|The Malinois or Belgian Shepherd is much in the news nowadays, after one of this breed was reported to have participated in the recent successful strike on Osama Bin Laden.
Far less in the public eye is the ever-underrated Indy, though its performance has been excellent in the Counter-Terrorism and Jungle Warfare College in Chhattisgarh. Let's pardon the College and the writer of the article below for using the words "mongrel" and "street dog" for canines who are possibly neither of the above. At least somebody has finally recognized the value of our native dogs, whatever they choose to call them.
This is an earlier post on this project. Incidentally, like all tribals and rural Indians, Maoists are well aware of the alert nature of Indies. That's why they ordered villagers in Jhargram to kill their own dogs; to prevent them from alerting the police to Maoist presence. Read about it here.
Sorry this post looks so messy. I've just copy-pasted the whole article here.
Online edition of India's National Newspaper
Saturday, Apr 30, 2011
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Other States - Chattisgarh
A new batch:Street dogs being trained for anti-Naxal operations at the Counter Terrorism and Jungle Warfare College in Kanker in Chhattisgarh.
Kanker (Chhattisgarh): The Chhattisgarh Police is planning to train a new batch of street dogs for anti-Naxal operations after the canines delivered good results by detecting over 350 IEDs and landmines in the past two years.
The mongrels, being trained at the Counter Terrorism and Jungle Warfare (CTJW) College here, have helped save the lives of a number of policemen by detecting the explosives.
The street dogs, being trained for anti-Naxal police duties, have better utility value when compared to high-breed canines like Labrador and German Shepherd.
“The local street dogs have an edge over the pedigreed dogs as they do not get tired in the hot weather and rough terrain in the dense jungles and Naxal hotbeds of the State. They have a better adaptability to the environment and have produced excellent results in police and security duties,” CTJW director Brigadier (Retd.) B. K. Ponwar said.
“Presently, we are training four such dogs Teja, Sally, Heena and Rolly after we found that our experiment with such dogs bore excellent results. More such dogs with a good built and who display positive orientation for police duties will be trained,” said Ponwar, who has been designated as Inspector General (IG) of Chhattisgarh police for running the CTJW.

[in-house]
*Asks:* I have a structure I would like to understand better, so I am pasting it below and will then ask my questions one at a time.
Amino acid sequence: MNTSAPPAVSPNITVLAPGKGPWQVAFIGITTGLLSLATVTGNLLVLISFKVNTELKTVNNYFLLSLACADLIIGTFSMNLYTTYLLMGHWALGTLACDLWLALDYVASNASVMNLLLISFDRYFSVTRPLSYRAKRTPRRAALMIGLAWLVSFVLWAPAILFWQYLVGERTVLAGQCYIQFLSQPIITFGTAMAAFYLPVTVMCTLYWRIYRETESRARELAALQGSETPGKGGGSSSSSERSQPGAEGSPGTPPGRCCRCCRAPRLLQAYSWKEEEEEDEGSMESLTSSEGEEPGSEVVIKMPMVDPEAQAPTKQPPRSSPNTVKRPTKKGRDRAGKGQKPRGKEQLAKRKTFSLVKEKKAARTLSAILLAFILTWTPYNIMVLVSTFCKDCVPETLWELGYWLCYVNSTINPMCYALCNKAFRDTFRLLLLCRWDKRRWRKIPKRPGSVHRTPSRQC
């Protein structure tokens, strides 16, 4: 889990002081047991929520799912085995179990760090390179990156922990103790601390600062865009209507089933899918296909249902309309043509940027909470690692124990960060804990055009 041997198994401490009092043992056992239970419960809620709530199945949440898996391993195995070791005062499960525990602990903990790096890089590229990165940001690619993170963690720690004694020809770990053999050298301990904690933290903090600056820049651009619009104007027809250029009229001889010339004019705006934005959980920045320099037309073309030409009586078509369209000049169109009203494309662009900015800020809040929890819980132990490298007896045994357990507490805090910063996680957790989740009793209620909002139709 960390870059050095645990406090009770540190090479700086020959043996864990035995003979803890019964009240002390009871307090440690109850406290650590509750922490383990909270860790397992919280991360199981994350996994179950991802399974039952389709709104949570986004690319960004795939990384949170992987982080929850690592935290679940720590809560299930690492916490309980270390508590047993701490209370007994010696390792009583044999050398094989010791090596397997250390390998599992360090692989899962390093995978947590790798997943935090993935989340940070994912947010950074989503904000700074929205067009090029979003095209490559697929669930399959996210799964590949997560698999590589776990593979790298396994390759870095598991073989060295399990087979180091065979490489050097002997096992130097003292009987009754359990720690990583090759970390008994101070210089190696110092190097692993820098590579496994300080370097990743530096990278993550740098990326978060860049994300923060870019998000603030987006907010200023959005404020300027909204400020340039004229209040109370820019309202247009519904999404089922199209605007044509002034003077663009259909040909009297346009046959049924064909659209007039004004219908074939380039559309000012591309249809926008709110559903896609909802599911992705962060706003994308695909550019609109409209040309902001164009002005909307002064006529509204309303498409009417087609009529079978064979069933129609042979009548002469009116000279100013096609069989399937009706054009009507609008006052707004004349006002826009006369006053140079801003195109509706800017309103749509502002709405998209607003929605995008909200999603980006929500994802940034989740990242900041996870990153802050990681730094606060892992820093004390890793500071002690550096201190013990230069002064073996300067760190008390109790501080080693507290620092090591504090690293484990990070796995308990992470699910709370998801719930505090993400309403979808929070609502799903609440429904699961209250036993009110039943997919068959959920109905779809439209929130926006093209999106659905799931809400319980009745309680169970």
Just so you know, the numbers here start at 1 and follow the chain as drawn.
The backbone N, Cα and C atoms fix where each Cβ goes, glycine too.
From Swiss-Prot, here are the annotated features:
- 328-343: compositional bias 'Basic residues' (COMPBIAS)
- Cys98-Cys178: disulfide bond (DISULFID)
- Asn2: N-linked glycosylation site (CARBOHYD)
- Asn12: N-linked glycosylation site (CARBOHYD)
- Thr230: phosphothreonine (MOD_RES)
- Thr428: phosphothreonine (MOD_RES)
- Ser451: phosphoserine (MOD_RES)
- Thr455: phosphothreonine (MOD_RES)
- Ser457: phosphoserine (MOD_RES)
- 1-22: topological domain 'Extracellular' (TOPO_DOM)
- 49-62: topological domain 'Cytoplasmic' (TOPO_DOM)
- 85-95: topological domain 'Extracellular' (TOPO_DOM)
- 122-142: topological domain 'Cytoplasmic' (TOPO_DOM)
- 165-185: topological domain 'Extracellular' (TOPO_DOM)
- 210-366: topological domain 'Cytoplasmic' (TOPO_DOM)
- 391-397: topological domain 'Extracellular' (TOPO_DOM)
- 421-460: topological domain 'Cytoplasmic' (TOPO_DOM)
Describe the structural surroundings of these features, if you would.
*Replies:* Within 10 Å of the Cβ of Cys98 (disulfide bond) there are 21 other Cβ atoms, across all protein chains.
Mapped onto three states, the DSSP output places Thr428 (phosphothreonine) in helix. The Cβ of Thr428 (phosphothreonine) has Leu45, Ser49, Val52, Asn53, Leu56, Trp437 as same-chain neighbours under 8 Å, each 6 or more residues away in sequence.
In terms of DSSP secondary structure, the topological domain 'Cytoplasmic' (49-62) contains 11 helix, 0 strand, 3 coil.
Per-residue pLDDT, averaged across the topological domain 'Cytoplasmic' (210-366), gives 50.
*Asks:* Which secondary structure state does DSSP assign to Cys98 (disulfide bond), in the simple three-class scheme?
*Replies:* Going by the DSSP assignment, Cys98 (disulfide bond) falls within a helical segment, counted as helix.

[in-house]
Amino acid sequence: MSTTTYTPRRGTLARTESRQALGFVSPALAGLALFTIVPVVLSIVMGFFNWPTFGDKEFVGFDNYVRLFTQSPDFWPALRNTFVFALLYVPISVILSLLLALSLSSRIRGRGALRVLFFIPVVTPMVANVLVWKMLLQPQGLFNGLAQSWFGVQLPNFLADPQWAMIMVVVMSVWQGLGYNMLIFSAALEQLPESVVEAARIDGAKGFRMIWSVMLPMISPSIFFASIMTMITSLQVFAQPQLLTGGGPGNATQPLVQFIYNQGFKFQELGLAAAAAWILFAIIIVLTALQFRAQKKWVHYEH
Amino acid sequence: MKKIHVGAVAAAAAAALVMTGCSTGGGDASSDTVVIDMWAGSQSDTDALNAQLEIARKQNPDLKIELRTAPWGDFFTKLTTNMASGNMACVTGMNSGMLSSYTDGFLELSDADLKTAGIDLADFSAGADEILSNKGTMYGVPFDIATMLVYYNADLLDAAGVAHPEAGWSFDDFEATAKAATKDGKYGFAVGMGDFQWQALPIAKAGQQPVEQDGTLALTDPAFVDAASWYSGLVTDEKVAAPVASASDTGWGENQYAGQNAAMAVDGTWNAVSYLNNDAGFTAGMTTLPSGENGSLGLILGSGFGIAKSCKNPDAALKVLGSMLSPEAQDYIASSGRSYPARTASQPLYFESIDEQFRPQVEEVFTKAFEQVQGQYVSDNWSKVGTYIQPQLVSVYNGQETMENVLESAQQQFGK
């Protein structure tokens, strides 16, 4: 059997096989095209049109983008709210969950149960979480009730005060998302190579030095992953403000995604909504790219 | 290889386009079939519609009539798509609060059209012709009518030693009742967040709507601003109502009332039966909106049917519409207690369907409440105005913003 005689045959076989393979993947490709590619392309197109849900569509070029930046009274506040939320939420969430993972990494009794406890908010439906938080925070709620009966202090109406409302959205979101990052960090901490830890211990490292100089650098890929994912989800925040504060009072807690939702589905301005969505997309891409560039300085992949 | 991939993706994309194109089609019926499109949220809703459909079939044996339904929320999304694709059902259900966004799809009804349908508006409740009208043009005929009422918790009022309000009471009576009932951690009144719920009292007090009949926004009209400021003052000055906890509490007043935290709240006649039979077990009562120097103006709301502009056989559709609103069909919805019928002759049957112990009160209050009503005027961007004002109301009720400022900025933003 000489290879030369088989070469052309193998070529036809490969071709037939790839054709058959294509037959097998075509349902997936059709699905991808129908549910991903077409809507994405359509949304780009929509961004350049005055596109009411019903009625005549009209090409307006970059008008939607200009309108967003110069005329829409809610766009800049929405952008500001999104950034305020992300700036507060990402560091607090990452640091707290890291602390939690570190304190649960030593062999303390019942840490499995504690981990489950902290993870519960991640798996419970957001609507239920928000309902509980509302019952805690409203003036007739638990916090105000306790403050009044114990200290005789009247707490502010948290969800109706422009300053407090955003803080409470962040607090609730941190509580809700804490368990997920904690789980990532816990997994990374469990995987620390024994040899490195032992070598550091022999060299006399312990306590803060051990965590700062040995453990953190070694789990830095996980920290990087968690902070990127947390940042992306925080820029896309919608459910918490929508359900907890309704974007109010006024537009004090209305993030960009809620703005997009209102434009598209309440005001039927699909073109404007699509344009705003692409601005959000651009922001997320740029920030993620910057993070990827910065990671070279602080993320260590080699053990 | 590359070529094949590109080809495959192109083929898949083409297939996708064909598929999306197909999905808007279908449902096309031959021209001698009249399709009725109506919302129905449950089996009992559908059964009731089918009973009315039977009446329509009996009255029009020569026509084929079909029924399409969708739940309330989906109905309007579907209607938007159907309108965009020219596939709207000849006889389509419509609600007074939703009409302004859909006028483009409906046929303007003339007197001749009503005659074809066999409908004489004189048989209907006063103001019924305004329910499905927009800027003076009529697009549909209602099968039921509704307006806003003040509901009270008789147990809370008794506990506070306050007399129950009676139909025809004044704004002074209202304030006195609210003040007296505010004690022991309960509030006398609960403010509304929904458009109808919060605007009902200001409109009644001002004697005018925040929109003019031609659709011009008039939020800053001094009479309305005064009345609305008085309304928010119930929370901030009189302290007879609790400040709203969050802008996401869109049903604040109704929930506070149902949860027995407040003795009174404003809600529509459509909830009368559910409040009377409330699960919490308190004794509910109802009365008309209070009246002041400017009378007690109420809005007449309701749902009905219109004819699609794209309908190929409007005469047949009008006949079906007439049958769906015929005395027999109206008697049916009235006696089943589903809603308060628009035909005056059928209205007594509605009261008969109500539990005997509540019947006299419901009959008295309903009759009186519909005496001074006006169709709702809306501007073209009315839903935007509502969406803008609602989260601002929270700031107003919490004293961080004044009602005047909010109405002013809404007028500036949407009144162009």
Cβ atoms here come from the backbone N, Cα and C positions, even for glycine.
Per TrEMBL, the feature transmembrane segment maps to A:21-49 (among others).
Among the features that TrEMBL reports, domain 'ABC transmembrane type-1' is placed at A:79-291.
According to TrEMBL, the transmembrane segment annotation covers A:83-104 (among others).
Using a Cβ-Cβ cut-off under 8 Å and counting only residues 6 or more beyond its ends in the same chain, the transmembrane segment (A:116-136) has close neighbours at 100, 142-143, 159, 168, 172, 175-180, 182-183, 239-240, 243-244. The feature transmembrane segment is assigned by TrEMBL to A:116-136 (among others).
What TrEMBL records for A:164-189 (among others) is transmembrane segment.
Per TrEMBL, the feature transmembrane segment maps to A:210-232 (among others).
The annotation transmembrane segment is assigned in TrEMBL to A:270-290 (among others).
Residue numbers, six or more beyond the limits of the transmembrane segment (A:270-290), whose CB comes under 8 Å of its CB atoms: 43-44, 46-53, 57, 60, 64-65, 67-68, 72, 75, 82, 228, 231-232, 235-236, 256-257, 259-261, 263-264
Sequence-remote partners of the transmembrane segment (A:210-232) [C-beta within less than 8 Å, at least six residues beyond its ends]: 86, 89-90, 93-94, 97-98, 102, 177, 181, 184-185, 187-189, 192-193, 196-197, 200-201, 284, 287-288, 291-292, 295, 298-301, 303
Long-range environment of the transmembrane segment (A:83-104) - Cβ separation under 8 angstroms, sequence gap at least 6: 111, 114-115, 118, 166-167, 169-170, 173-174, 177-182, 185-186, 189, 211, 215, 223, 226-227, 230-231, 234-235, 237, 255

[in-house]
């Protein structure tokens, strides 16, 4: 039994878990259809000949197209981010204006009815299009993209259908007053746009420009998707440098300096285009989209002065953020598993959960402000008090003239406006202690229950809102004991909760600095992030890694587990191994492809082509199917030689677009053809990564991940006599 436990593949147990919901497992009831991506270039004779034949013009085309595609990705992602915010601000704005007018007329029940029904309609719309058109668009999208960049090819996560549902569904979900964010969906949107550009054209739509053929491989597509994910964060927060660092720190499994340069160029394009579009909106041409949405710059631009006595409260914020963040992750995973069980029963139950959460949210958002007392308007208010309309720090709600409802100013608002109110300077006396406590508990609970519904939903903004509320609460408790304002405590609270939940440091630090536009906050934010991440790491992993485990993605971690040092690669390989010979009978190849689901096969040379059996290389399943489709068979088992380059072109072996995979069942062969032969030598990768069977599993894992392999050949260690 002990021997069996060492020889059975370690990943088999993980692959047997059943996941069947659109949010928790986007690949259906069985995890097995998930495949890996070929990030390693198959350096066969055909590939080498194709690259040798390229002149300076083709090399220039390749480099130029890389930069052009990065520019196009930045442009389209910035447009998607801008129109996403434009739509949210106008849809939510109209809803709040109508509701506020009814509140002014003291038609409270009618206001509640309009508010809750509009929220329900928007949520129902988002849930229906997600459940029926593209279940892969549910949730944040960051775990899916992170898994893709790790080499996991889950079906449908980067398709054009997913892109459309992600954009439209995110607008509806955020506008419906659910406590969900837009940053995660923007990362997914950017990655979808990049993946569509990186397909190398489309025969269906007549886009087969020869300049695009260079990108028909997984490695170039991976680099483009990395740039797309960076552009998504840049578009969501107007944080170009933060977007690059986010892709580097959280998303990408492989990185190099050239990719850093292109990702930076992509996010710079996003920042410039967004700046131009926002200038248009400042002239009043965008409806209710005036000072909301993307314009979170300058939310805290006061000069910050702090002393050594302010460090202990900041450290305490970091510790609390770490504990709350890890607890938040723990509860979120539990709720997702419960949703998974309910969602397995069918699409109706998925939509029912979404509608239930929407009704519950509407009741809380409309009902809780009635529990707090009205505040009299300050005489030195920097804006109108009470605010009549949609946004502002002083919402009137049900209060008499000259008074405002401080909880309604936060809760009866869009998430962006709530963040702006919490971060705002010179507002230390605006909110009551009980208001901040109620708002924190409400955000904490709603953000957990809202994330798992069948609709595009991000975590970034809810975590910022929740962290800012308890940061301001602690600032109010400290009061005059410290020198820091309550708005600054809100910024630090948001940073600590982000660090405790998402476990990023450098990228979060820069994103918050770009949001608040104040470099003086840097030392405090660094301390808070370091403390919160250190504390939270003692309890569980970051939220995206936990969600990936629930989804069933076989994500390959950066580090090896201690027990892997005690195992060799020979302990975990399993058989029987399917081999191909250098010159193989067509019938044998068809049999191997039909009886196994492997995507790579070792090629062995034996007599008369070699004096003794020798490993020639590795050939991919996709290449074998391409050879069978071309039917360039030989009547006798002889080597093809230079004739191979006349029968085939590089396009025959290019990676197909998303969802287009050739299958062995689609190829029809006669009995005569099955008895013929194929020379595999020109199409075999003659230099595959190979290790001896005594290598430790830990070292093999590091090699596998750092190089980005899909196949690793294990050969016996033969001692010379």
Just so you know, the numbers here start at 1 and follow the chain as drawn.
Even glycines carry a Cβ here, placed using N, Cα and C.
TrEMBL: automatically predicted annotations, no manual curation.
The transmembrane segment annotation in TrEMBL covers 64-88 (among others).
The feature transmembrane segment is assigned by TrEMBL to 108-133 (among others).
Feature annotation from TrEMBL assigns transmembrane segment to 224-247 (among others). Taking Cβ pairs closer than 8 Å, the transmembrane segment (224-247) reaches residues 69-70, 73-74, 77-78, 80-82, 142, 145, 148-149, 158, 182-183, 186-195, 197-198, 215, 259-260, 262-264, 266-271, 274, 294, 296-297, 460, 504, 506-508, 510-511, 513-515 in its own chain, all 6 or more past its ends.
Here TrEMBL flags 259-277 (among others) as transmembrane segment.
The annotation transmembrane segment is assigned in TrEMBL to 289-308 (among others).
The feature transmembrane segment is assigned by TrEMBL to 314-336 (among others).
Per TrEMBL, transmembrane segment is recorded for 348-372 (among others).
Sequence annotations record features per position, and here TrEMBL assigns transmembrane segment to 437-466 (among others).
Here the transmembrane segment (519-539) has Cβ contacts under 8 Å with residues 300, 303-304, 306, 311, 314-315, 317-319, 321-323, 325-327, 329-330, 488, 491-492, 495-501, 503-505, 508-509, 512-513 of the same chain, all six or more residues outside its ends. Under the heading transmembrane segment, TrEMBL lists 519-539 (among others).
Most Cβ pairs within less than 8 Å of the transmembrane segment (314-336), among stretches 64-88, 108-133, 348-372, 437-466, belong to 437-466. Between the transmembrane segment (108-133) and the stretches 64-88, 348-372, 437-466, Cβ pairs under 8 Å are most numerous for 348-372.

Ponwar helped set up the unique college here six years ago after he was asked by the State government to train its policemen for special operations in view of the Naxal problem.
Ponwar said while the college is also training pedigreed dogs, the results with street dogs has been excellent and more than what was expected of them.
“They require less pampering, less investment of resources and less care. They have a high stamina when it comes to working in these areas. They are good learners,” Ponwar said.
Central security forces like CRPF, ITBP and BSF deployed for anti-Naxal operations in the State are also being assisted by a specialised breed of imported Belgian shepherd dogs for ‘infantry patrols' and to provide pre-ambush warning to the troops.
“A police dog is an essential component of any security force squad. This part was missing in anti-Naxal operations. As the local dogs are best suited for this terrain, they are now being deployed to assist the forces. They can avert major casualties and ambushes by giving early signals to their masters,” a senior police officer said on the condition of anonymity.
The high-breed dogs have been used with success by NATO troops in Afghanistan and Israeli troops in Gaza. - PTI